BOO EHRSAM

Email: boosarts@tampabay.rr.com

Boo Ehrsam is an Artist, Author and Performance Artist. A resident of Pinellas Park, Boo was born in Indiana, lived in Louisiana and moved to Florida in 1963. She is an internationally known artist whose works have been exhibited as far away as Beijing, China and Moscow, Russia. She has collectors in Europe, Haiti and New Zealand as well as in the US. Former President Clinton was presented with one of her works in 1995 at the joint meeting of the Florida Legislature. Her work was part of an exhibit at the National Museum of Women in the Arts in Washington D.C. in 1996. Two of her prints are part of the museum’s permanent collection. Among her collectors are Tropicana, Evander Preston, Adrien Arpel and former State Representative Mary Brennan.

As an author, her books have sold in Canada, Europe and the United States. Prior to the demise of so many small newspapers, she worked as an arts columnist for Bayside News. For 14 years she appeared monthly on the cable show In the Park introducing artists to Pinellas County.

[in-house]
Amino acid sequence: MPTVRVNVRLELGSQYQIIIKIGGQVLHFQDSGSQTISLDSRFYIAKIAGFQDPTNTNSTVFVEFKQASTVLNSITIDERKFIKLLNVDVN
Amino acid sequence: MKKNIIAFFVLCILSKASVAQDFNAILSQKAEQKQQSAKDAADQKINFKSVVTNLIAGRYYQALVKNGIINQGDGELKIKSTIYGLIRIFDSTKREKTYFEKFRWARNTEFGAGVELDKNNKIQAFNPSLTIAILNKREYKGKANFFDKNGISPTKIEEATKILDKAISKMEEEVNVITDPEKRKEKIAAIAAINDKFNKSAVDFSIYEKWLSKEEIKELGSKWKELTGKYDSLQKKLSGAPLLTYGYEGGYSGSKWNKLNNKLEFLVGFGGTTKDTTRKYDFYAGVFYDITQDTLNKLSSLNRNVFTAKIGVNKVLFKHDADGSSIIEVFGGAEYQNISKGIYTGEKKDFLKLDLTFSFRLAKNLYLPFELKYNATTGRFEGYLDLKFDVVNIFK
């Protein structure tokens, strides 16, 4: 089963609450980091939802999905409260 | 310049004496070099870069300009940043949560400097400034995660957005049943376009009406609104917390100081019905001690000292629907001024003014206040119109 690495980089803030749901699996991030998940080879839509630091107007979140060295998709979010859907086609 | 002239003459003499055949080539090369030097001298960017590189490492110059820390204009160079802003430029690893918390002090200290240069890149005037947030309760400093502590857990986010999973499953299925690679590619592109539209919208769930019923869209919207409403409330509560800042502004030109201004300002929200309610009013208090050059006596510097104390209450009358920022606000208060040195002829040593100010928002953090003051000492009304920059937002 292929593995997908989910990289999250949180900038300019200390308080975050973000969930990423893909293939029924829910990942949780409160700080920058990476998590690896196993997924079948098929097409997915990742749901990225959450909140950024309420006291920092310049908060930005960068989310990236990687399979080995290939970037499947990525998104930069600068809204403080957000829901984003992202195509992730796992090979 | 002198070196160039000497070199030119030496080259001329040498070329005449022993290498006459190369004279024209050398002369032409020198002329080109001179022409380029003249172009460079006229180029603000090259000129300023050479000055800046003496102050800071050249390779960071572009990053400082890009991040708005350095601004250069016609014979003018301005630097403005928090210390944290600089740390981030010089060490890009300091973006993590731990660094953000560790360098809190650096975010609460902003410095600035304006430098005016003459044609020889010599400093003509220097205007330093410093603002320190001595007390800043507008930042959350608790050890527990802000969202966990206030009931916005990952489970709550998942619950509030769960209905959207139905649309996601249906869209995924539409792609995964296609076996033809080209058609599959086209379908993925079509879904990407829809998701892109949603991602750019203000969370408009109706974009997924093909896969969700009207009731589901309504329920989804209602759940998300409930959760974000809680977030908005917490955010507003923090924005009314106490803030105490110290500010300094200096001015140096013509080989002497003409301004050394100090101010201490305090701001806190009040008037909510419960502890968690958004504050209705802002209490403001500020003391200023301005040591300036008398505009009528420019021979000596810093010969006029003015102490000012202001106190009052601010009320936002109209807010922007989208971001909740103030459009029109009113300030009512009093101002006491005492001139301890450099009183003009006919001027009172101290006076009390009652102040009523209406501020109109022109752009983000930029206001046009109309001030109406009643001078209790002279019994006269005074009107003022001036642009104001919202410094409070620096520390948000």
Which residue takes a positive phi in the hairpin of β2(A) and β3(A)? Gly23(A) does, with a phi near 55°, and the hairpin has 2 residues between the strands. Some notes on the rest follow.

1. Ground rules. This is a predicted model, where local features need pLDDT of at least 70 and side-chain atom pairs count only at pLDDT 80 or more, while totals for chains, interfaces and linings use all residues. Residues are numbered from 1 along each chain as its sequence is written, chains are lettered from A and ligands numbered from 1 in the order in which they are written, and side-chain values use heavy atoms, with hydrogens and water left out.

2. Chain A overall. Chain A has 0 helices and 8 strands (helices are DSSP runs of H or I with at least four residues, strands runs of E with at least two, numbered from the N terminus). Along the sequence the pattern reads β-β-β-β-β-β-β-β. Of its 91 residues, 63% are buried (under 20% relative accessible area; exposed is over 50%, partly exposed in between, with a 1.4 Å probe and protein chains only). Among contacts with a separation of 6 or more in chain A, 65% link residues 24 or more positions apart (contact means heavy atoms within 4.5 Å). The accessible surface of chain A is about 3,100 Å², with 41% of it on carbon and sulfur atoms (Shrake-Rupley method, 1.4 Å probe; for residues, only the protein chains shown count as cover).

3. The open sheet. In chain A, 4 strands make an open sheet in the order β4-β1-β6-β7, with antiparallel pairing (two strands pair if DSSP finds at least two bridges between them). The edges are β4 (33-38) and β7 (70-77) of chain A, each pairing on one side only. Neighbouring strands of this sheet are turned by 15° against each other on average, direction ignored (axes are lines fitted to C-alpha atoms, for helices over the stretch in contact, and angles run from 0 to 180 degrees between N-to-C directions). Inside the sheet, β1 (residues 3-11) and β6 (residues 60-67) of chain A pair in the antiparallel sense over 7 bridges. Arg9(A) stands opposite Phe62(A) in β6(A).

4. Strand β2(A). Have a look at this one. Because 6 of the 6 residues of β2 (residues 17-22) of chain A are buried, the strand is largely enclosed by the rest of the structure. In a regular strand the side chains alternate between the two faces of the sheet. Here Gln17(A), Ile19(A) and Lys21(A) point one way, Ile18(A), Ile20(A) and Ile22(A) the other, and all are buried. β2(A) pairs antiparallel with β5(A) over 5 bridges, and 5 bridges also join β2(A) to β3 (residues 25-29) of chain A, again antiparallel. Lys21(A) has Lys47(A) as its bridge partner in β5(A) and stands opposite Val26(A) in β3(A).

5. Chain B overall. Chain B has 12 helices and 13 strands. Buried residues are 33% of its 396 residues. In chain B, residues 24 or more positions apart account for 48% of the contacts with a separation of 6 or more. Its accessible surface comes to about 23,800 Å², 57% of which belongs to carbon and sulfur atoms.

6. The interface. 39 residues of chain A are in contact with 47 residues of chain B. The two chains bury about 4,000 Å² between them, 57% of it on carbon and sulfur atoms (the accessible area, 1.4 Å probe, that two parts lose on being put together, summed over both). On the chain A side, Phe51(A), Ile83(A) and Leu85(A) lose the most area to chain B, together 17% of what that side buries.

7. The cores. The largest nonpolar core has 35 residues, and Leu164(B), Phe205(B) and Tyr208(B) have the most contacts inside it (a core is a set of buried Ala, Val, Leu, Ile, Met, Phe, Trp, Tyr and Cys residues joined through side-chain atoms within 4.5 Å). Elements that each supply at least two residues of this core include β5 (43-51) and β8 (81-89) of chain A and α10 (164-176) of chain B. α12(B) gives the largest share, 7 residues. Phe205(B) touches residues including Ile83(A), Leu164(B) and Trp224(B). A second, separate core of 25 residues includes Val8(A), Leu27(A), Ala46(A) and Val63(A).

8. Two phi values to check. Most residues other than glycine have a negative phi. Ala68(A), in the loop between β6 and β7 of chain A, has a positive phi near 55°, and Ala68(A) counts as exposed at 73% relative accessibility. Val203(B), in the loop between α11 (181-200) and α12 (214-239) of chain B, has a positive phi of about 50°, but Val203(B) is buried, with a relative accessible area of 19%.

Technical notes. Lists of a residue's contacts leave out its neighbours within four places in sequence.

In addition to her work in 2-D, Boo turned to polymer clay as one of her outlets for her

3-D inspirations. Her creations include the serious, whimsical and practical. She describes her work in this medium as “painting with clay”.

As an Arts Advocate she is constantly challenging the status quo promoting Arts in the Community and Arts in Education. Her rallying cry is “If children have no Imaginations, how can they imagine the Future? How can there be a Future with no Imagination?”

Boo, in co-production with her niece Carla Kaufman won the Salvador Dalí Look-Alike film competition, judged by John Waters, in 2008. She tied for runner up in the costume competitions for the 2009 Salvador Dalí Look-Alike event. On March 26th of 2009 she was featured on a segment of the program “That’s Clever” on HGTV demonstrating her work on wood and in polymer clay.


If Children Have No Imaginations,
How Can They Imagine a Future?


Mother Earth


Art is Healthy for Communities and Cultural Well Being


Dreams of Flight


Neglected Refuge


Spring DanTHE ARTIST’S HANDBOOK by Book Ehrsam

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